Hogan noted that cyber criminals have shifted from point-of-sale terminal hacks to e-skimming because payment card industry standards and chip-enabled cards have made point-of-sale transactions more secure. Supply chains as well as third-party vendors, such as those that provide payment platforms or web analytics are more commonly being targeted, in cases where it is easier to cause harm to the target through this mode. BEC resulted in 35% of all fraud losses reported to the Secret Service in 2019 and 29% of all fraud losses in 2020, Hogan said. He added that $1.8 billion was reported in BEC fraud losses to the FBI in 2020, with $26 billion reported worldwide.

Ransomware is on the rise, Hogan said, with a 17% increase in cyber insurance claims between 2019 and 2020. He reiterated law enforcement’s stance of advising businesses not to pay when they are victims of ransomware as there are additional risks that include violating government and/or financial regulations based on the jurisdictions where payments are sent. Hogan highlighted the Ransomware Self-Assessment Tool, released in October 2020, which consists of 16 questions focused on how a system is being protected, what detection methods are in place, responses to ransomware, and systems recovery. Lastly, Hogan highlighted the Secret Service’s other investigative priorities, including various Covid-19 related frauds, apps that install malware, phishing schemes, sale of counterfeit goods, and CARES Act fraud.

Enriquez said that our nation’s critical infrastructure sectors are becoming increasingly vulnerable to ransomware attacks that severely impact business processes and cripple an organization’s ability to deliver mission-critical services. Ransomware threatens public and private networks, costing billions of dollars in post-incident recovery. Enriquez highlighted how ransomware can affect individuals from a personal perspective, by gaining access to personal files, saved passwords, and financial information, as well as the risk of data being destroyed or lost. From an organizational standpoint, an entity can temporarily or permanently lose corporate data or intellectual property, as well as suffering a loss of revenue, in addition to potential legal fees and damaged reputation. Enriquez highlighted two CISA resources: the joint Ransomware Guide and the Ransomware Campaign Toolkit. He stressed that we all need to work together to raise awareness about the threat ransomware poses, sharing key actions that make organizations more resilient. Additionally, Enriquez provided an overview of the purpose and benefits of CISA’s range of cybersecurity assessments, including vulnerability scanning and cyber resilience review.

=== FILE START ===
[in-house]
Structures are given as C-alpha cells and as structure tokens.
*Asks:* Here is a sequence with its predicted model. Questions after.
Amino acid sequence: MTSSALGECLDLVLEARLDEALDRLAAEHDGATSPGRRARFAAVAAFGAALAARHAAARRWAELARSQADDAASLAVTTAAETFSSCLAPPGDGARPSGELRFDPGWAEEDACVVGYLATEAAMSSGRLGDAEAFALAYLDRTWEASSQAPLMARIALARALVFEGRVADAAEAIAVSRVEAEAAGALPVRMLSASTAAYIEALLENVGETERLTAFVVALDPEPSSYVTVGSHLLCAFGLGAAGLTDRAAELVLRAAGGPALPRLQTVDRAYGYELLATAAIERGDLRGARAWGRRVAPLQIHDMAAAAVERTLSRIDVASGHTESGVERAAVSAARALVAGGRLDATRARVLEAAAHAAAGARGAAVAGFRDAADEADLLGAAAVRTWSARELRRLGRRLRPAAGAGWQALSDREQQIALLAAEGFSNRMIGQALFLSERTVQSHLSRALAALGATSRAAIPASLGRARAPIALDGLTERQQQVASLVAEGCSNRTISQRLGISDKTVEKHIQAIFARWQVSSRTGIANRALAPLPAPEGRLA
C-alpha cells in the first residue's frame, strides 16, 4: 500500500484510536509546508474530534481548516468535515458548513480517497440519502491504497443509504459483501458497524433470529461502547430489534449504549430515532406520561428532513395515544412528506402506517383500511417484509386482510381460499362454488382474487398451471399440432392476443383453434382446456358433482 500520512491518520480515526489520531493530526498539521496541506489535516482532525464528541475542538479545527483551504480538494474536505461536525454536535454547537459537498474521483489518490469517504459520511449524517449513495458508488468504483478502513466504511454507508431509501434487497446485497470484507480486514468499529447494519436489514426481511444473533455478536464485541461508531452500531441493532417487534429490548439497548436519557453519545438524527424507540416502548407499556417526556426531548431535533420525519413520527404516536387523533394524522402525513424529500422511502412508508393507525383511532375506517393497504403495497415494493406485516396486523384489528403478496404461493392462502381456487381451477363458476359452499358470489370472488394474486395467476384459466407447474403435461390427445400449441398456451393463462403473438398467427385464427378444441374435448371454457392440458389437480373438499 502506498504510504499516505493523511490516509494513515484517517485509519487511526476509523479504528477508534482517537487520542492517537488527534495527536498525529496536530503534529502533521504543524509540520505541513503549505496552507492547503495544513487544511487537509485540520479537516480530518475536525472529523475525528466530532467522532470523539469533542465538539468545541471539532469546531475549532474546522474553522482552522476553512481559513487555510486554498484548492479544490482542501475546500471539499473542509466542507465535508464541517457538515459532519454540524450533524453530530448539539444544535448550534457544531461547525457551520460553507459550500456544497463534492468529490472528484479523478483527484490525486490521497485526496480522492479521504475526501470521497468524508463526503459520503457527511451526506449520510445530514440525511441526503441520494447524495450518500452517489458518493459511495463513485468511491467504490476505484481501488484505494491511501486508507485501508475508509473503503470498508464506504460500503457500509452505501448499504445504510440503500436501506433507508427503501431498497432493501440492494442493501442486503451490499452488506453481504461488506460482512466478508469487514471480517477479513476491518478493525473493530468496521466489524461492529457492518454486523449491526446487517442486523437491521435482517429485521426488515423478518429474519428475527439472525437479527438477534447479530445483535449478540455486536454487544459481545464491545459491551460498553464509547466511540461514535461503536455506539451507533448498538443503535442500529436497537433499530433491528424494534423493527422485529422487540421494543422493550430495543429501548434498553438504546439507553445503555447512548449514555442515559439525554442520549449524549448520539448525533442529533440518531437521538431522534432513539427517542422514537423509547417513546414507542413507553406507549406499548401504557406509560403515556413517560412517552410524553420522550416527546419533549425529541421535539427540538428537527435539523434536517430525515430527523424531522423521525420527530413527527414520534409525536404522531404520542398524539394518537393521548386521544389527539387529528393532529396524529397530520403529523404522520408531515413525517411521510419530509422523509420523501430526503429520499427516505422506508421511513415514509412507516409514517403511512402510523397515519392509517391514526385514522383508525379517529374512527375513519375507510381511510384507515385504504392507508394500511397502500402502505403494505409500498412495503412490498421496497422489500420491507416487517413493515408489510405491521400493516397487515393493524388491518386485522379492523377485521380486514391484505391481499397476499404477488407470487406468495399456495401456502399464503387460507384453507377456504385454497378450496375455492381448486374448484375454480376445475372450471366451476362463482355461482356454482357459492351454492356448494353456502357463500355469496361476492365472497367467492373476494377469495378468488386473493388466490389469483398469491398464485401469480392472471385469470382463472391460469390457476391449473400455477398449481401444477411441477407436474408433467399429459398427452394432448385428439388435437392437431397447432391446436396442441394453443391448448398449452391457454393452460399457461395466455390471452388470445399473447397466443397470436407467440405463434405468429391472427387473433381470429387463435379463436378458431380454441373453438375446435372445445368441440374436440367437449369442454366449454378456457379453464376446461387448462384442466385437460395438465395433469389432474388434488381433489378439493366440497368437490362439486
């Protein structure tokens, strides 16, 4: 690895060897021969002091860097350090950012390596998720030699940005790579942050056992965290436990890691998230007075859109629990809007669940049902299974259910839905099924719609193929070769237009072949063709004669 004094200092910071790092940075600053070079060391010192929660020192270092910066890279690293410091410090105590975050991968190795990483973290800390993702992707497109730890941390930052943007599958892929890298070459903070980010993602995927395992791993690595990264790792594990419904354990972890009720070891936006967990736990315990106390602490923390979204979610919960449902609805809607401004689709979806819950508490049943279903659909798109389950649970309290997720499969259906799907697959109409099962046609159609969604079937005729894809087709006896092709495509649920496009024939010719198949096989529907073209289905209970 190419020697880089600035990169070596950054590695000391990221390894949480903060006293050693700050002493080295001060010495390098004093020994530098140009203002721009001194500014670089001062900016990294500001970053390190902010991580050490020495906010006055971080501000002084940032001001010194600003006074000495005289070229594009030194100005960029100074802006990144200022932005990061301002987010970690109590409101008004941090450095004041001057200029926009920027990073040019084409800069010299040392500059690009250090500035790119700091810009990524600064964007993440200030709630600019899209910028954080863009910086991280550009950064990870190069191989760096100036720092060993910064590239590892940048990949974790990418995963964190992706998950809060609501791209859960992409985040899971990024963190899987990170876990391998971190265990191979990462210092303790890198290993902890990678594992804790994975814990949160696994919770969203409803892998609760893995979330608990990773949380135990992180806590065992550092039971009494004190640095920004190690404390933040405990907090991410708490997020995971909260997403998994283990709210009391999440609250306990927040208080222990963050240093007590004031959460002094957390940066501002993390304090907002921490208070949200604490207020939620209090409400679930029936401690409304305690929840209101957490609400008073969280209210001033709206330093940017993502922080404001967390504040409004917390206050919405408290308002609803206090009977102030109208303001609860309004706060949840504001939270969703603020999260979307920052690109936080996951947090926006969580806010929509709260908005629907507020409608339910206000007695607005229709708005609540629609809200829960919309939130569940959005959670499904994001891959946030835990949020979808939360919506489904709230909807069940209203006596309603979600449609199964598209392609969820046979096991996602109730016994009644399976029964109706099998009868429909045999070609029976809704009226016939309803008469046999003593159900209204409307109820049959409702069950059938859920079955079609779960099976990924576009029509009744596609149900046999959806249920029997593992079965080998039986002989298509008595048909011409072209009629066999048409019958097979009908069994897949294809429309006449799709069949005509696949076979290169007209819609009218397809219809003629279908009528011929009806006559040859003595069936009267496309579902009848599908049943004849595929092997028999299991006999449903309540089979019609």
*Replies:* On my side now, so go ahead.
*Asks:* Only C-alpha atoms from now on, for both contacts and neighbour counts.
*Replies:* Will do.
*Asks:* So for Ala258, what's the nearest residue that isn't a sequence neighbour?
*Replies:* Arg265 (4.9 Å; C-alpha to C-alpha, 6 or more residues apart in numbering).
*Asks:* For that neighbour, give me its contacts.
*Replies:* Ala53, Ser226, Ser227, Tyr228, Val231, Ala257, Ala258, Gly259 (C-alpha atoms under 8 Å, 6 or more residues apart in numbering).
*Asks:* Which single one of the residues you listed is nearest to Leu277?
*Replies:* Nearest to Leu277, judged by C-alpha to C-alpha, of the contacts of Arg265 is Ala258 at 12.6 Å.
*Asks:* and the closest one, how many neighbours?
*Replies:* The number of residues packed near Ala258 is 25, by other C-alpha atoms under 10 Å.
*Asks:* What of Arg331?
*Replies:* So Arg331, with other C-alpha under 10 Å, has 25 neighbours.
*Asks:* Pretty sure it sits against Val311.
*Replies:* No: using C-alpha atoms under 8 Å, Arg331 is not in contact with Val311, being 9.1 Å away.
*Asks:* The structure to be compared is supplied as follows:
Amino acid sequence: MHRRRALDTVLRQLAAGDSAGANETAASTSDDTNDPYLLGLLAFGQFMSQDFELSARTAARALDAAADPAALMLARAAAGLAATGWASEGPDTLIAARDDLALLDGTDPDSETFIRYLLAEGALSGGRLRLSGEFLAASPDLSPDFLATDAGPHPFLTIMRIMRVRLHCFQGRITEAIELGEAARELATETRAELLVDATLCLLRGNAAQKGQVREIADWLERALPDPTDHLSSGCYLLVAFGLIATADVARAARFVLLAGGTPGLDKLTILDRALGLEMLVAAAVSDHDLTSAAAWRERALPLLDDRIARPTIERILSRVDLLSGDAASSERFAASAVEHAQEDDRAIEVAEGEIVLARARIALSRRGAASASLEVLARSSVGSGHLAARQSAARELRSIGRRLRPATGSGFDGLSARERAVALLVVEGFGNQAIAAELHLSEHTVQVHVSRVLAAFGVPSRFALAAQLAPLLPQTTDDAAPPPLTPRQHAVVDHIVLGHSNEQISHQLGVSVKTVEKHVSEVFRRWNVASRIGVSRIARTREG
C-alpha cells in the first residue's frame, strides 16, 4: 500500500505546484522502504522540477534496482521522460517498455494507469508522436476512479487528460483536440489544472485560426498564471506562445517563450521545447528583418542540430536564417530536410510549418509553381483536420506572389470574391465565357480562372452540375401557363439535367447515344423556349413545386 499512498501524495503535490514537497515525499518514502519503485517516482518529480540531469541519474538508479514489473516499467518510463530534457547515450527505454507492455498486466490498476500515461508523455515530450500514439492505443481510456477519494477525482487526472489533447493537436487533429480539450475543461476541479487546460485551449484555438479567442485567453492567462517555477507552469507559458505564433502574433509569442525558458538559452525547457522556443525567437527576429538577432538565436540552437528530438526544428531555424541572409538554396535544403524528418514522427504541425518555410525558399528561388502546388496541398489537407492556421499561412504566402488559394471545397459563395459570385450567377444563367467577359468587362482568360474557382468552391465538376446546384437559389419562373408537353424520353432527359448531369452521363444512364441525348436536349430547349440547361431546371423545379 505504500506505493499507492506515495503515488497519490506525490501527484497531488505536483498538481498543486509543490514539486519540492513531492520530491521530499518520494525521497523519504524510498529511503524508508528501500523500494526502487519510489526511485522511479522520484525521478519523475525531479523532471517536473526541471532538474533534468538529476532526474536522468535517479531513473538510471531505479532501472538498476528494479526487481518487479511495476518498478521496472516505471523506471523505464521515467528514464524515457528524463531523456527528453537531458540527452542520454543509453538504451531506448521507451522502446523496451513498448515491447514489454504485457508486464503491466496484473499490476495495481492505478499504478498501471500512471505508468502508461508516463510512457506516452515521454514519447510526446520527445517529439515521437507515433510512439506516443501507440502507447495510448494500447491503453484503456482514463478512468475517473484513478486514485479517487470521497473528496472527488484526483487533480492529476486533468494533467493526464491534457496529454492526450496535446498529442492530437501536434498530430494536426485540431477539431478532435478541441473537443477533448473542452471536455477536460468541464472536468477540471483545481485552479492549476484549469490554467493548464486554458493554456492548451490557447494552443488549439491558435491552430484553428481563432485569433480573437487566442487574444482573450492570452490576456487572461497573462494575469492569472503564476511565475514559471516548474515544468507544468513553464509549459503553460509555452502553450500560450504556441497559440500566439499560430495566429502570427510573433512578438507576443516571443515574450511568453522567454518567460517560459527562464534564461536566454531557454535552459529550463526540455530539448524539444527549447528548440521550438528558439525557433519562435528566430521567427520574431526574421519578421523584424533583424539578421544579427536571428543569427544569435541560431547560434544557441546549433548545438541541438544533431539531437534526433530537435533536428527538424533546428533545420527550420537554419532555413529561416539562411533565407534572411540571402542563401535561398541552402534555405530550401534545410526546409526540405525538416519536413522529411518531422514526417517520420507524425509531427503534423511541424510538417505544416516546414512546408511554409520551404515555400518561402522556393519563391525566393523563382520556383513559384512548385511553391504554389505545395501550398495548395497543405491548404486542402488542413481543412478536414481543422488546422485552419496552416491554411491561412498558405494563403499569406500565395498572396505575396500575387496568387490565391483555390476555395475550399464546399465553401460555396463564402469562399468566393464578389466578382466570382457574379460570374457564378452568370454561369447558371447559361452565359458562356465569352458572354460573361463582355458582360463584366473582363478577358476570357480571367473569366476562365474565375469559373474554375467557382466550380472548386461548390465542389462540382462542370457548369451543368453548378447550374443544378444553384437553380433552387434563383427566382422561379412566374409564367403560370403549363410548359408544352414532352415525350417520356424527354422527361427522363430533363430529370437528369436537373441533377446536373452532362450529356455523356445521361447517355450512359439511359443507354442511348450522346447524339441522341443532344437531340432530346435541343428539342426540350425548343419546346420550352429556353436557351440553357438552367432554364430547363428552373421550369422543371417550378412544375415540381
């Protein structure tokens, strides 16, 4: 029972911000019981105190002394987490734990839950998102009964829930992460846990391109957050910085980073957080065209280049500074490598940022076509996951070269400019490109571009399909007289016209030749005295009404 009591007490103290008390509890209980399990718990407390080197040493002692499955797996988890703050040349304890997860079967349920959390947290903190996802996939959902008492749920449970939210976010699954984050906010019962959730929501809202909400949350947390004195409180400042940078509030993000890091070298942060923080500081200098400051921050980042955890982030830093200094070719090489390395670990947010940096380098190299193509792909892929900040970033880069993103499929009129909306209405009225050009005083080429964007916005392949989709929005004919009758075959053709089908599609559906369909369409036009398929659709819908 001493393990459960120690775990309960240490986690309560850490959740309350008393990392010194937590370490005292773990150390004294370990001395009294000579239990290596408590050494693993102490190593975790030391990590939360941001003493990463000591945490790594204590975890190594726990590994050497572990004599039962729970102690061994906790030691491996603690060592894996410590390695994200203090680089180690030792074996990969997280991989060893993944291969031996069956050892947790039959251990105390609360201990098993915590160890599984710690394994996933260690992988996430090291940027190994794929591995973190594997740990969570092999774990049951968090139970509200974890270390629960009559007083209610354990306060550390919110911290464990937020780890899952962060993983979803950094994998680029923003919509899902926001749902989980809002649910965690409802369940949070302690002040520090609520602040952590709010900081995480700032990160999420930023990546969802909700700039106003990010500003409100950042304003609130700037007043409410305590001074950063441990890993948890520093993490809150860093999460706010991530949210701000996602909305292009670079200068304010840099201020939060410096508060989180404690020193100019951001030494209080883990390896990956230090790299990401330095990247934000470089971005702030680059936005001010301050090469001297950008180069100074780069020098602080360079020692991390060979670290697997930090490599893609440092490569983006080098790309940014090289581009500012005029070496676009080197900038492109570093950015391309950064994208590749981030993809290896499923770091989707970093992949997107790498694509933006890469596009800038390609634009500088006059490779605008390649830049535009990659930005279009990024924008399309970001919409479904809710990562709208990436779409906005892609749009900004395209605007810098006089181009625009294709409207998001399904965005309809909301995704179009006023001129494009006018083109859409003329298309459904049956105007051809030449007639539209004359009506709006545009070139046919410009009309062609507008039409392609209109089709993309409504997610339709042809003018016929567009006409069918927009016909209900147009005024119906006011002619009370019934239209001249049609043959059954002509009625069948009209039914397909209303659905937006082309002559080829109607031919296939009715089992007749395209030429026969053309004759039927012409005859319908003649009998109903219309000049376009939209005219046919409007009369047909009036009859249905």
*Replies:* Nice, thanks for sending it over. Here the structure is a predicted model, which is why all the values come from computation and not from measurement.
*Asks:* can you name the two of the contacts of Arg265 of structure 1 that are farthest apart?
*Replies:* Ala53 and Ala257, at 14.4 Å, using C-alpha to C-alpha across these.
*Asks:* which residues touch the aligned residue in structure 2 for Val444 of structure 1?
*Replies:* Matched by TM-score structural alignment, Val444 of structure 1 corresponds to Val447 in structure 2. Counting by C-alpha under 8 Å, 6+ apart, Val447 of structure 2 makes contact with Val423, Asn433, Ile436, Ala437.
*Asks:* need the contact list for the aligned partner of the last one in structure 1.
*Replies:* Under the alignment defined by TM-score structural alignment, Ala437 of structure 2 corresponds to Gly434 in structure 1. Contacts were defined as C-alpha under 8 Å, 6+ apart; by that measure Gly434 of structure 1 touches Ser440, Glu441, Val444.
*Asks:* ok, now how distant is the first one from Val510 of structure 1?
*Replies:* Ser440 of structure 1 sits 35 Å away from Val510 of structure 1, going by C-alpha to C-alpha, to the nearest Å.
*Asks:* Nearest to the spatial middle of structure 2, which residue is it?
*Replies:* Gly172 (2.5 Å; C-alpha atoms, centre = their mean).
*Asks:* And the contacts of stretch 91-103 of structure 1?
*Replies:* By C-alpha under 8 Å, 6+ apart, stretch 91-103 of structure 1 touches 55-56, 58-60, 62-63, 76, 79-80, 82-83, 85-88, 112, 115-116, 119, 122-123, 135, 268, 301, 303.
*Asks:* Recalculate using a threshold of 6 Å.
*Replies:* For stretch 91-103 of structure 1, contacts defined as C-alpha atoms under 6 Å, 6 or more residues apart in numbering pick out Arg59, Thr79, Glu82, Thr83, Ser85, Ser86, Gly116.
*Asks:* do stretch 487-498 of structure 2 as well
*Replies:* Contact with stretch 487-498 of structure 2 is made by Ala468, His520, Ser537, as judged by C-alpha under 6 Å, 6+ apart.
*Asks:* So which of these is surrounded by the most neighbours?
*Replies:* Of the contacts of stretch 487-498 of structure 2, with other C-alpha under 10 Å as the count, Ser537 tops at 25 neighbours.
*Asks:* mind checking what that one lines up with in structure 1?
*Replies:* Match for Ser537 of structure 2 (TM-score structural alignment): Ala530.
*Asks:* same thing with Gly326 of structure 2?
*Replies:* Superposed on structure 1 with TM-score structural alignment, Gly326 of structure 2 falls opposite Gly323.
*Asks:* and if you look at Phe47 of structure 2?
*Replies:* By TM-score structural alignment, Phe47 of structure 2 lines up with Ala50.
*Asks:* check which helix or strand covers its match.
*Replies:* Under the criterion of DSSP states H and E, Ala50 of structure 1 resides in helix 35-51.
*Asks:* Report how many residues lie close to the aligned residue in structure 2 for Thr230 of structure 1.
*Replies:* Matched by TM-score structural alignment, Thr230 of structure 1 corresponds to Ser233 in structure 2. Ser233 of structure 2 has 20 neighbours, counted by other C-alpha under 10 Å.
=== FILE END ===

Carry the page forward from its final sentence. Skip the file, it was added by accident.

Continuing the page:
Regulatory panel: Current and emerging issues

Cathy Langlois, vice president, Federal Reserve Bank of Chicago, moderated a panel of bank regulators from across the District. The panel featured Stephen Wheatley, assistant vice president, community banking organization supervision, Federal Reserve Bank of Chicago; Brian James, deputy comptroller central district, OCC, Greg Bottone, regional director, FDIC; and Thomas Fite, director, Indiana Department of Financial Institutions.

Wheatley discussed how the supervisory approach changed during the pandemic. The focus was to help ensure that banks could continue to provide credit and services to their customers in an unprecedented environment, he said. He detailed the necessity to modify examination timelines and expectations during this period, and ultimately examinations were paused, while health checks were conducted, and contingency plans were monitored. Wheatley noted that a lot has been learned during this period, and as examiners begin to move to a more normal examination environment, they will continue to maintain a risk-focused approach and look for ways to reduce regulatory burden. Even though virtual exams have gone well, Wheatley emphasized the importance of some on-site presence and the value of face-to-face conversations. He noted that examiners will look to use more of a hybrid approach going forward, coordinating with the regulated institutions and state counterparts.